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The Fascination of Fathers

You’ve certainly had one. Beyond that, what do you know?
Gene Martin as a young man.
      Who’s your daddy?
      That fascinating question gets 16 answers in this week’s paper. Fourteen of that number are readers and writers who accepted my challenge to capture their father’s character at an indelible moment in time. Their character sketches in this week’s feature, Dad in the Moment, not only introduce their dads but also each relationship of father and child.
      Our 15th writer is the Bay Gardener, Dr. Francis Gouin, who took a long view of his character-forming father, Romeo Gouin.
     The 16th is wildlife photographer Mark Hendricks. Last week, he introduced us to nature’s babies in the photo-feature Chesapeake Summer. This week, he introduces his own new baby, Liliana, recounting her dramatic entry into the world and reflecting through her on his relationship with his own father.
       As to my personal question, it’s not the revelations of my DNA swab that has me wondering. Few surprises there, except that I turned up only 25 percent Italian, not the 50 percent I expected my maternal grandmother and grandfather to have contributed. My genes seem to see a bigger picture than I can imagine.
      No, it’s a singular Gene I have in mind, Gene ­Martin, the undoubted father of whom I was the spitting image. That’s what my mother said as she enumerated the ways.
      My wonder has a more existential aspect. It’s who Gene Martin was that fascinates me, for on that I’ve never had a grip.
      “When I was a little girl …” his story began.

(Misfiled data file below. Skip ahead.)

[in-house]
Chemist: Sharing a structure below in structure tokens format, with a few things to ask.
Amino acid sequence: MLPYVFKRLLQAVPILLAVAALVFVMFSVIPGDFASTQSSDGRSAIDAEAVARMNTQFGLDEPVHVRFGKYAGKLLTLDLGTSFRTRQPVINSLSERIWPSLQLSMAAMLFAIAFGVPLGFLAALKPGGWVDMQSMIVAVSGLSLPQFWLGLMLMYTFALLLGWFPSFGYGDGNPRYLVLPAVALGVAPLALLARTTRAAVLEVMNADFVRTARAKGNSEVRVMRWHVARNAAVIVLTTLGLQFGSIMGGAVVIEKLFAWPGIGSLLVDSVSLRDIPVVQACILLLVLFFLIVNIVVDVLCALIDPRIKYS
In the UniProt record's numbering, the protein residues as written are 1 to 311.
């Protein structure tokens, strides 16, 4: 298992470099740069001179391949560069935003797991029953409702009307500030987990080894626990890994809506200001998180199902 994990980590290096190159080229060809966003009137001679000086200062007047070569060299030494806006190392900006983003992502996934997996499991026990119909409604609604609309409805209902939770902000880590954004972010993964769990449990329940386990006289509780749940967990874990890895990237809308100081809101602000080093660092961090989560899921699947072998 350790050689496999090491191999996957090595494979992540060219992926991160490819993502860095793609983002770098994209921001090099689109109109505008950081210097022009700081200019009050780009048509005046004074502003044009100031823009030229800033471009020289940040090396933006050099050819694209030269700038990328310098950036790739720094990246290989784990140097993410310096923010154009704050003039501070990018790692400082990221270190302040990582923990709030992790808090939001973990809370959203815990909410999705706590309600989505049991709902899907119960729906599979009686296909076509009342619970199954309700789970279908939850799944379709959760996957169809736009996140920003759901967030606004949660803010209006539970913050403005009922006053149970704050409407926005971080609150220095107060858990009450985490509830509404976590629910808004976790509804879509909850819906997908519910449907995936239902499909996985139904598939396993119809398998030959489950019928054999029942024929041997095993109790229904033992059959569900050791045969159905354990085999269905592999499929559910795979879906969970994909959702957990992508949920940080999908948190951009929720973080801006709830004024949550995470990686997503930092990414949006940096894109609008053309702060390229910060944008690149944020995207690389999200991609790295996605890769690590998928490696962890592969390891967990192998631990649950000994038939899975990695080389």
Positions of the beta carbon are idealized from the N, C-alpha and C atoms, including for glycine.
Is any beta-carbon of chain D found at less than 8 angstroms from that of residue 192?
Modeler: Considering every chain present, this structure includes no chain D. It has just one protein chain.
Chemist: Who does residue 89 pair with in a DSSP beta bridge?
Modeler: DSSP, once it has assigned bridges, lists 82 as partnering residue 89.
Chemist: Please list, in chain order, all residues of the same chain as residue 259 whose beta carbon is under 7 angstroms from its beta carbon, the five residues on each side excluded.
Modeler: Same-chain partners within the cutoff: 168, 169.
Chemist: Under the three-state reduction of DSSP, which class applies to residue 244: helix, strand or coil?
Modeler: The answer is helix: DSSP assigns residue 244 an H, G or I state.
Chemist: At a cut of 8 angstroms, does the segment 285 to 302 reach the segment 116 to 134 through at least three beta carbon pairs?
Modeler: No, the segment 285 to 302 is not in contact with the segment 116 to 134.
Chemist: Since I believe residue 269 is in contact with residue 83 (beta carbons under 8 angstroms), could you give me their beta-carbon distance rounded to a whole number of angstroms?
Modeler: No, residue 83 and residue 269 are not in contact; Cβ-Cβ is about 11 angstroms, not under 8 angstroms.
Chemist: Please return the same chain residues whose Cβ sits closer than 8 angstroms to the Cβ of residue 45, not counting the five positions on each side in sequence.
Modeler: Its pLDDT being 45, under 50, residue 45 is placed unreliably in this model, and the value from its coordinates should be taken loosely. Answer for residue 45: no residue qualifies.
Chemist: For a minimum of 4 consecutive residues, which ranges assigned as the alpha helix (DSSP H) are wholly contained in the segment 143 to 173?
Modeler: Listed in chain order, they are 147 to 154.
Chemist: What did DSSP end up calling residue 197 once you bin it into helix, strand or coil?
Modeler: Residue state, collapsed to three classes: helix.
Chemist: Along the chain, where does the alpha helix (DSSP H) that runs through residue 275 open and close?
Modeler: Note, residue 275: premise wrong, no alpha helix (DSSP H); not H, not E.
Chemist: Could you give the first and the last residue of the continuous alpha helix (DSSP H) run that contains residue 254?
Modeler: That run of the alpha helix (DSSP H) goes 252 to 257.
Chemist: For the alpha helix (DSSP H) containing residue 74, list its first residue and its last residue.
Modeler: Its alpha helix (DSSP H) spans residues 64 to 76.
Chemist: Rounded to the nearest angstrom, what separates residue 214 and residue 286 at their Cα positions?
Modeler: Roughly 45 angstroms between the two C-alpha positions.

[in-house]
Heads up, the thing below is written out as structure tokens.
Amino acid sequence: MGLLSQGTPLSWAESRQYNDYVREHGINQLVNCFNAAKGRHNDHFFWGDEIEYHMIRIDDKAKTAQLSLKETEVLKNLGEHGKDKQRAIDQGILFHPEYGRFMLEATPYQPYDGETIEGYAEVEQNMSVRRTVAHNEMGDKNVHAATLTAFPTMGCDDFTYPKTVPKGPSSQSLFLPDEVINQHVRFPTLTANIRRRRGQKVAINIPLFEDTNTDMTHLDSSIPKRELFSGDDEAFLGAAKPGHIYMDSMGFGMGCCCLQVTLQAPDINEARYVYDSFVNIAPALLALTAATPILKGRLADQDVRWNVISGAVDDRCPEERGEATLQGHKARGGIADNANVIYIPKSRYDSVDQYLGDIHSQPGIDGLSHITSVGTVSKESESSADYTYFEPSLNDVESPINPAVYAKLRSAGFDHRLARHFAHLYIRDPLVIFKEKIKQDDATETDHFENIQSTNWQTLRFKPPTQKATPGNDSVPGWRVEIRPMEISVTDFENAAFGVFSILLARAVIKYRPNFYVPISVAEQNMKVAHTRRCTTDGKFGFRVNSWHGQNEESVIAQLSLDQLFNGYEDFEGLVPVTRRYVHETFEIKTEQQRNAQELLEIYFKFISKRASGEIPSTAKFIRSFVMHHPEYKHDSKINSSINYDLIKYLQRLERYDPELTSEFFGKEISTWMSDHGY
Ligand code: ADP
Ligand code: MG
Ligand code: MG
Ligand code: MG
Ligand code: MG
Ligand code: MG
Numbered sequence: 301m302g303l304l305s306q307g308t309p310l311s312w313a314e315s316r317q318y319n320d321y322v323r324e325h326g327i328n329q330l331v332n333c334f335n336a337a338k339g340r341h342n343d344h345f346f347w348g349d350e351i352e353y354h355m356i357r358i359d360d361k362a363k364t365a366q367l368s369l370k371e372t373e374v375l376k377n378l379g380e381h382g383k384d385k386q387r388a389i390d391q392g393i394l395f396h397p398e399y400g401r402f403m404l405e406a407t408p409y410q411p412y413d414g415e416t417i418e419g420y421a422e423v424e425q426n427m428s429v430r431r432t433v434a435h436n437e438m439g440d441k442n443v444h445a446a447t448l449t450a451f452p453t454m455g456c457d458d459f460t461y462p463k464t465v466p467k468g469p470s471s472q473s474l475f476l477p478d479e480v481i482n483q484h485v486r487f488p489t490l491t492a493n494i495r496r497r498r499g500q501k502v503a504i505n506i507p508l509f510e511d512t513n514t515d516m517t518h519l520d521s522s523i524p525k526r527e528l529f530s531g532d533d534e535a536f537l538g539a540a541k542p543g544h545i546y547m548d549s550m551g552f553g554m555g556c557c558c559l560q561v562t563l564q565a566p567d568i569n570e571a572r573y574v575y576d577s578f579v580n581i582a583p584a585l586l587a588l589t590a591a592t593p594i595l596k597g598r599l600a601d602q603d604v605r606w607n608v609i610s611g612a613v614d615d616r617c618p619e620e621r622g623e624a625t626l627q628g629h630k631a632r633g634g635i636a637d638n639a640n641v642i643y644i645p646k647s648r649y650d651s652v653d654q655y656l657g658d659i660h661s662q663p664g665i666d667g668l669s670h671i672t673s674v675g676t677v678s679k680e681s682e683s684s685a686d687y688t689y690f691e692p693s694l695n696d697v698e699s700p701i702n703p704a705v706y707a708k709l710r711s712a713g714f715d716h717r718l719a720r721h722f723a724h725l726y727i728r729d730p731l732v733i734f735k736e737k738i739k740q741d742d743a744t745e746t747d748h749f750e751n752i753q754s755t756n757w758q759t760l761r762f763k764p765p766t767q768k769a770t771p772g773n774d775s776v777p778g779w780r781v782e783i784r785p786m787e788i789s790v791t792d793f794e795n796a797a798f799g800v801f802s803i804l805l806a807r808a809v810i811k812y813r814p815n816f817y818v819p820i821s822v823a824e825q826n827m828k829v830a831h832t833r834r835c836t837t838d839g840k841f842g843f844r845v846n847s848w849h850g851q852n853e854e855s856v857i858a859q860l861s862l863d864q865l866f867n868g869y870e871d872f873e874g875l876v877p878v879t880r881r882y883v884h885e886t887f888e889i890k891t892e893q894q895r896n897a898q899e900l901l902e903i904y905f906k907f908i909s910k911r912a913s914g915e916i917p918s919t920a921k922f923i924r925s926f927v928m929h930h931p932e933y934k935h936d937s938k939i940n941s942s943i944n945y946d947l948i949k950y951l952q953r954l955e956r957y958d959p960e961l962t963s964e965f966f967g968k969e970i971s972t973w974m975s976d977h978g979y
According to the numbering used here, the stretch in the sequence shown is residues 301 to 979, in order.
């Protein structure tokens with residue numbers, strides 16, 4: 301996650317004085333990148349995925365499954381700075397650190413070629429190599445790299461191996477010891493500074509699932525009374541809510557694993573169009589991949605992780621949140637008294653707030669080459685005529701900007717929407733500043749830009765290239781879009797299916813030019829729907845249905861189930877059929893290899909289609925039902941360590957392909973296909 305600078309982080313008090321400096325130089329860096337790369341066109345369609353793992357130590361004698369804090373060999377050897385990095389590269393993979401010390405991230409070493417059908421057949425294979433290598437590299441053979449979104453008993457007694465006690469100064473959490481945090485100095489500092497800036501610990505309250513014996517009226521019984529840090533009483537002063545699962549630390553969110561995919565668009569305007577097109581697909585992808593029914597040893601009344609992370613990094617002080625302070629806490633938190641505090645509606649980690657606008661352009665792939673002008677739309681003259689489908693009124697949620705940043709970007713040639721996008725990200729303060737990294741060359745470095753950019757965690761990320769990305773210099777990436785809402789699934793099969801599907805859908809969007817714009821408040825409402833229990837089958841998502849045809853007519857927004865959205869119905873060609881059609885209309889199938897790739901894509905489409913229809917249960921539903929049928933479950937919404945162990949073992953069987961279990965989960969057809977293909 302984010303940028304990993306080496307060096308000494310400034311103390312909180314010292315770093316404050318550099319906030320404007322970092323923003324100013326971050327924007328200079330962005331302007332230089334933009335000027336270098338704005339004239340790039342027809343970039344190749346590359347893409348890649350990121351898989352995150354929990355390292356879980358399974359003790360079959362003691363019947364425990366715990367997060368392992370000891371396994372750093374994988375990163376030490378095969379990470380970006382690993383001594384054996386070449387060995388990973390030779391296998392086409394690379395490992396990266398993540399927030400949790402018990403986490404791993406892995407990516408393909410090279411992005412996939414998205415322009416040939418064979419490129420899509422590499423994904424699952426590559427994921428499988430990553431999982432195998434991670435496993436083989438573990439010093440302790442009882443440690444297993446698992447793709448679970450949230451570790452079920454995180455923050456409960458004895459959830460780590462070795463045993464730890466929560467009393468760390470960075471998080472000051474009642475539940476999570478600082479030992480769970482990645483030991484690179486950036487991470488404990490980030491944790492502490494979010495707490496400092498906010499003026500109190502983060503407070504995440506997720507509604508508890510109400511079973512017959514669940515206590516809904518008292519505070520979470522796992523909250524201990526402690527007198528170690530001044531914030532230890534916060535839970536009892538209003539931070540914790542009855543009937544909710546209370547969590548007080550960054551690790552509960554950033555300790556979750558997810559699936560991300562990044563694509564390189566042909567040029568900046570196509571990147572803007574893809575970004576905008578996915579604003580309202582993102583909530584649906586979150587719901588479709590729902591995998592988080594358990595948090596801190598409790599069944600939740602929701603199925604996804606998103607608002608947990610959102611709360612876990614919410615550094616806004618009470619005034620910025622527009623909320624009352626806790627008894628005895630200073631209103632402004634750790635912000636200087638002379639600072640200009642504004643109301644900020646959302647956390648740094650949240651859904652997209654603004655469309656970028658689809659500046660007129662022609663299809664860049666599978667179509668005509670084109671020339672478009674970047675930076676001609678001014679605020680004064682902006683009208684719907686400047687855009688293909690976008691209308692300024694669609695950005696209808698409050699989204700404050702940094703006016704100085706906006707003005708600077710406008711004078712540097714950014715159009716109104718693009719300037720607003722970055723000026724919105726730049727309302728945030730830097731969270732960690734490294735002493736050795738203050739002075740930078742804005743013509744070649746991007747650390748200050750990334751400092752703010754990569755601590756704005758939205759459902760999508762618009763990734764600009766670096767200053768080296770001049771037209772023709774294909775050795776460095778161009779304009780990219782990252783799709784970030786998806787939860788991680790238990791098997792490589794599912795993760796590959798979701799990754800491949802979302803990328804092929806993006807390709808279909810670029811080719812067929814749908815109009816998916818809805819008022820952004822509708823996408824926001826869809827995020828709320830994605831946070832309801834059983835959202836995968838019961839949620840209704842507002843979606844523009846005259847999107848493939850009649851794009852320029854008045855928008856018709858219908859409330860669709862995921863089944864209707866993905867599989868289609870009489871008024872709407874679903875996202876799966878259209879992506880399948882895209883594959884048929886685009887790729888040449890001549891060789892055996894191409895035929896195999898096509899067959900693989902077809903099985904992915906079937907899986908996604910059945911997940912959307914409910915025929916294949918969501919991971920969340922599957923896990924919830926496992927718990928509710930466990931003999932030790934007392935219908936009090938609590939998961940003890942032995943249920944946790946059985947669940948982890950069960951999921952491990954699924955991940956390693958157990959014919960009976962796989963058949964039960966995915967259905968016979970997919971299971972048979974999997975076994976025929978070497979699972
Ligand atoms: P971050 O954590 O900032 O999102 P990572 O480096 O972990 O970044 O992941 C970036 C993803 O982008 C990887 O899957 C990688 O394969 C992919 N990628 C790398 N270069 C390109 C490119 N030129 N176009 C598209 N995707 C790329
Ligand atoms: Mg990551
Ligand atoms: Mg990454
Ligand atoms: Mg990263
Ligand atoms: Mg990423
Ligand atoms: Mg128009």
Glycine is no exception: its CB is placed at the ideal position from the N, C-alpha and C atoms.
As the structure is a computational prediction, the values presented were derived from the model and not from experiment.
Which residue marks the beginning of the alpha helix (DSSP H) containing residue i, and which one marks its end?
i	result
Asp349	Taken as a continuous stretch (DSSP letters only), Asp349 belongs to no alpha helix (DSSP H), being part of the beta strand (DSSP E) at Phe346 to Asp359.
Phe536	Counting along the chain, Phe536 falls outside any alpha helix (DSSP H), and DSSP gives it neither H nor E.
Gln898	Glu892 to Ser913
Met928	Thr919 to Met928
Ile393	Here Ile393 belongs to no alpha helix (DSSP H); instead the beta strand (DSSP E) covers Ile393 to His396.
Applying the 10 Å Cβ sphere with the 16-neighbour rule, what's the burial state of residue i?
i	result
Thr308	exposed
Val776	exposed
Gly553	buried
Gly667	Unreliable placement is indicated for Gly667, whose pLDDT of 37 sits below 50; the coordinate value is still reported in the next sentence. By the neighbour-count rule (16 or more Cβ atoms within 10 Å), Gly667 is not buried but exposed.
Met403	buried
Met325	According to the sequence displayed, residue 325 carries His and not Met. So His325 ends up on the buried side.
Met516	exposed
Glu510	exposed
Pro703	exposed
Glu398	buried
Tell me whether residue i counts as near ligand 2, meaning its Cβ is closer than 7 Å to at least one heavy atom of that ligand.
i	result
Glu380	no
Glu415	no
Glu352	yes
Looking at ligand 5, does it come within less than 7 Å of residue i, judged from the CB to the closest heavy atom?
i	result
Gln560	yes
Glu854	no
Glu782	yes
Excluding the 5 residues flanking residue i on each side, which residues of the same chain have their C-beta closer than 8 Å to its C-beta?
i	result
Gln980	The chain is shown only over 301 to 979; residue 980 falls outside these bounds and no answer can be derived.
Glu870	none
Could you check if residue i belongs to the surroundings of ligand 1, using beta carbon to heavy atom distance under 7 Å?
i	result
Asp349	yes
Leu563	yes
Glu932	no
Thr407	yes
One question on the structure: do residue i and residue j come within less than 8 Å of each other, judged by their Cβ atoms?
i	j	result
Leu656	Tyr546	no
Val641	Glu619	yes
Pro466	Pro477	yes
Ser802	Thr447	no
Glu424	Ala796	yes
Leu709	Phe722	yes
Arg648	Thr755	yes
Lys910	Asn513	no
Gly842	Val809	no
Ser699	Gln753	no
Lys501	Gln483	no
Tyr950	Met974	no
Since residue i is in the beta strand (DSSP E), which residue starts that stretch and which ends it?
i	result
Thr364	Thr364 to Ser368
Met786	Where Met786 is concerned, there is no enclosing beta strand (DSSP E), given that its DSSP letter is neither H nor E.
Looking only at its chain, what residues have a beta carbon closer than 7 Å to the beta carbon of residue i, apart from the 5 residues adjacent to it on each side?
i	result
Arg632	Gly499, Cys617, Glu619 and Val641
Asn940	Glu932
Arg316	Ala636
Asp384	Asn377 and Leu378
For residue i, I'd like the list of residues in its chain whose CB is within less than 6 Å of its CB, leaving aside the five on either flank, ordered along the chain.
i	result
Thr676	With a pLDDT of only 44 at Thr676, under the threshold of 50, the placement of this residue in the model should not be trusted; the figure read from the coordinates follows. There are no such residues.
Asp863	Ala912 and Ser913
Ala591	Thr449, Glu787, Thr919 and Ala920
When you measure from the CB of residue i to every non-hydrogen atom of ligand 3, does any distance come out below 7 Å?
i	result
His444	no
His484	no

How my father might have continued that sentence, I never learned. The outrageousness of the proposition was too much to bear.
      When I was a little girl in mid-20th century mid-America, little girls didn’t grow up to be men. It was scary enough to imagine how little girls grew up to be women.
     “No you weren’t!” I interrupted, and the story I had hoped for drowned awash in were not’s and was too’s. 
     Dad’s life as a little girl was one of an anthology of semi-tall tales. When I was a fireman, I’d hear another day … When I carried my brother Jack on my back … When I rode the rails and rods … When my shoes were stolen off my feet on a Greyhound bus.
      Would you believe a man who told stories like that?
      To the best of my knowledge, my father was never a fireman or a little girl.       But what do I know?
       The title of father, such a big deal to me, was to him only one of a long life’s roles. Over 50 earthly years, I shared him with people he held more dear and occupations more pressing.
      Now there’s nobody left to know him better. Nor anybody more curious to know the man who was so much more than my father. 
       Now his story is mine. 
      What do I know? More than I imaged — and less than I intend to find out.
      For he’s left a trail of evidence I follow, Gretel-like, to find my way back to him.
      He told stories, made memories, posed for photos, wrote the occasional letter, earned comment in more, talks in the voice of the living Gene Martin on a recording made in my early days as a reporter, appears on film in old home movies I have yet to mine. 
       He starred as a mischievous demigod in my mother’s stories, taking the role of Reynard the Fox. 
        He passed through the lives of a maternal generation who recorded his doings — along with the taste of country apples, the price of dresses and the latest in movies — in habitual letters and postcards. As letter-writing had rules taught in school in their day, their letters included return and destination addresses. Those numbers and letters are fixed points I use to navigate a shifting universe.
       Gene Martin broke into the news, too. So all these years later I read about him as hard-working newspaper reporters saw him: a clever and industrious businessman on both sides of the law.
      I saw him, too, the observer in the background as he went unself-consciously about the daily business of living in his own skin. 
      A rich legacy of fact survives Gene Martin.
      Anchored on facts inscribed, emulsified and engraved on paper, my wisps of memory shape into stories … 
      The stories I’m learning are too long to tell here. They’ll make a book if I hurry. But that’s reading for another day.
     In the here and now, my hope is that all those fine stories bring up stories of your own father for your Father’s Day enjoyment.